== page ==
7. A Peek Inside Elon Musk’s Business Ecosystem

Daniel Gross outlined how Elon Musk has connected the companies he effectively controls—Tesla, SolarCity, and SpaceX—in a business ecosystem the reporter calls the Muskonomy. Symbiotic relationships like this one work well in Japan. (Most of the time.)

8. Solar Developers Place Bargain-Basement Bid in Dubai

A coalition of power developers bid a record-low 2.99 cents a kilowatt-hour to develop 800 MW worth of solar projects in Dubai. Analysis suggested that the bid teeters on the the edge of business viability; bragging rights might well be motivating the proponents.

9. Setting The Record Straight on Ontario's Green Energy Agenda

Keith Brooks fact-checked a recent editorial attacking Ontario’s Green Energy Act and associated policies, and found a bevy of inaccuracies and half-truths. Ontario is leading Canada’s clean energy revolution without incurring significant penalties, he notes.

10. Texas Largely Missing Out on Sunny Opportunity

Texas may be one of the sunniest states in the union, but all of its solar panels put together currently contribute just 0.7 per cent of total generation capacity to the state’s grid. That oughta change, argues the Center for Biological Diversity in a new report.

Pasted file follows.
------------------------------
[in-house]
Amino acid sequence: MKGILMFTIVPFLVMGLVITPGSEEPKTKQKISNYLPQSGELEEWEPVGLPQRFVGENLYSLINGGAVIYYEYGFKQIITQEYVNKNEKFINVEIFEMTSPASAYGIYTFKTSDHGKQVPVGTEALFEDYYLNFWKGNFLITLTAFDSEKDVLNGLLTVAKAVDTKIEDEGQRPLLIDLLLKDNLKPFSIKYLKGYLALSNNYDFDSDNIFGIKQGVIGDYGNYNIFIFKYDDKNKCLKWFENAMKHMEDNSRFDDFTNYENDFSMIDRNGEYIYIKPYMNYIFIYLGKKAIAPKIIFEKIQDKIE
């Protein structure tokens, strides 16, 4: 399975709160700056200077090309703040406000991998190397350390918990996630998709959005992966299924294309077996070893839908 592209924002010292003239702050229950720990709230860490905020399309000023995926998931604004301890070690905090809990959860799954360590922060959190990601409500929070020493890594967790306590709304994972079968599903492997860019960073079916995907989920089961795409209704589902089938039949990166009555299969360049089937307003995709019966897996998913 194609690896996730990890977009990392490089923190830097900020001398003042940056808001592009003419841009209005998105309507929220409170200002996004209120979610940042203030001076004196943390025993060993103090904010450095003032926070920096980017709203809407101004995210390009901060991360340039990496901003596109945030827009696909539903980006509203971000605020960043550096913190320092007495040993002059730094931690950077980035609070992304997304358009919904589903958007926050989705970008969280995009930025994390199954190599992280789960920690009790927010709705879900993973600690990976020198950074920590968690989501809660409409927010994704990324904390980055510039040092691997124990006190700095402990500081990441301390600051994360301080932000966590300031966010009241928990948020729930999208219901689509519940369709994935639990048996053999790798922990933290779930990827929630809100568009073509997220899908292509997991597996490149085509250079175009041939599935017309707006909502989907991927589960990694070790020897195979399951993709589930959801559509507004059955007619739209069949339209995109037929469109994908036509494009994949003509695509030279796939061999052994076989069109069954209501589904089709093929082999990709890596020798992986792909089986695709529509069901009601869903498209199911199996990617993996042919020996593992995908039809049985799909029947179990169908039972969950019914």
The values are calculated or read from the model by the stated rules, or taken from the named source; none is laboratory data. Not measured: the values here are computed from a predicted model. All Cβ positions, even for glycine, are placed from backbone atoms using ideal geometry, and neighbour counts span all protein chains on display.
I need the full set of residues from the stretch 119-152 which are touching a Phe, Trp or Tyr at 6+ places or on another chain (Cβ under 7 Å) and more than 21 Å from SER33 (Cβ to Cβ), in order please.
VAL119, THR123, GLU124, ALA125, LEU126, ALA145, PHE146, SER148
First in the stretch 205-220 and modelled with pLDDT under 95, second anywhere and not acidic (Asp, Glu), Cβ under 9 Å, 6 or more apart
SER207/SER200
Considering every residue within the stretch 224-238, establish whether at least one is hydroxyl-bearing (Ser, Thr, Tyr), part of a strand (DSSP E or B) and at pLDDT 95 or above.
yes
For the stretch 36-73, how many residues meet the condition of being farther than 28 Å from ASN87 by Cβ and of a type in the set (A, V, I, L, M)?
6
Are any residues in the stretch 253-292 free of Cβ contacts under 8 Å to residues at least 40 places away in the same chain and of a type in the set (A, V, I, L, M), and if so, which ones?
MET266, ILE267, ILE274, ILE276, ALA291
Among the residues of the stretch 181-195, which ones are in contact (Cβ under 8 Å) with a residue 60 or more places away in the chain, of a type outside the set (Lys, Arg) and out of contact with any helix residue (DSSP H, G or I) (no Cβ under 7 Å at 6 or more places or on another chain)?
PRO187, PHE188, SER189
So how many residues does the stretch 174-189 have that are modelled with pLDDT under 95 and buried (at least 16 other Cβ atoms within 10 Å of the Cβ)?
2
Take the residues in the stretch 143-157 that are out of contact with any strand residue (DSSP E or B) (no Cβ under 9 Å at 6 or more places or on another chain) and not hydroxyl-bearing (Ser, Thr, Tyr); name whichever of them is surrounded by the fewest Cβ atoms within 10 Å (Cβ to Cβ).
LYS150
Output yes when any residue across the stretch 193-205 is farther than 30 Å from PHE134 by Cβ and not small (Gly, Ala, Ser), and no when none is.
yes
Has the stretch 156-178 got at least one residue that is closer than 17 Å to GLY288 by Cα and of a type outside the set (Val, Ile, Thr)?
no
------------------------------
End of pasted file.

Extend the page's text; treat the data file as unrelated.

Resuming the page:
Clean Energy Review is sponsored in part by Genus Capital Management, a leading provider of fossil-fuel-free investments. 
Coming Attractions

FRONT BURNER: On May 10 the Vancouver Public Library hosts This Changes Everything movie screening and panel discussion featuring Clean Energy Canada’s Senior Analyst Jeremy Moorhouse, in Vancouver, B.C.

May 16-17: Solar Ontario & Game Changer Award Gala, hosted by CANSIA in Niagara Falls, ON.

May 17: Silence in the Streets: The Future of Transport in B.C., hosted by the B.C. Sustainable Energy Association.

May 25: I’m Right and You’re An Idiot: The Toxic State of Public Discourse and How to Clean it Up, hosted by Simon Fraser University’s Centre for Dialogue in Vancouver, B.C.

May 27: Climate Action & The Opportunity for Clean Energy in BC, with Keynote Luncheon Address by The Honorable Mary Polak, Minister of Environment. Hosted by Clean Energy B.C. in Vancouver, B.C.

May 31: Intelligent energy design: Canada’s path to prosperity in a carbon-constrained world, hosted by The Energy Roundtable in Toronto, ON.

June 1: MaRS Cleantech 2016 Canada Demo Day, hosted by MaRS in San Francisco, CA.

June 1-2: Clean Energy Ministerial 7, hosted by United States Department of Energy in San Francisco, CA.

June 2-3: Alberta and Saskatchewan Renewable Energy Finance Summit, hosted by Canadian Clean Energy Conferences in Calgary, AB.

June 3: Energy Connections Summit, hosted by the B.C. Sustainable Energy Association in Vancouver, B.C.

June 19-22: Electric Vehicle Symposium & Exhibition, hosted by the Electric Drive Transportation Association in Montreal, QC.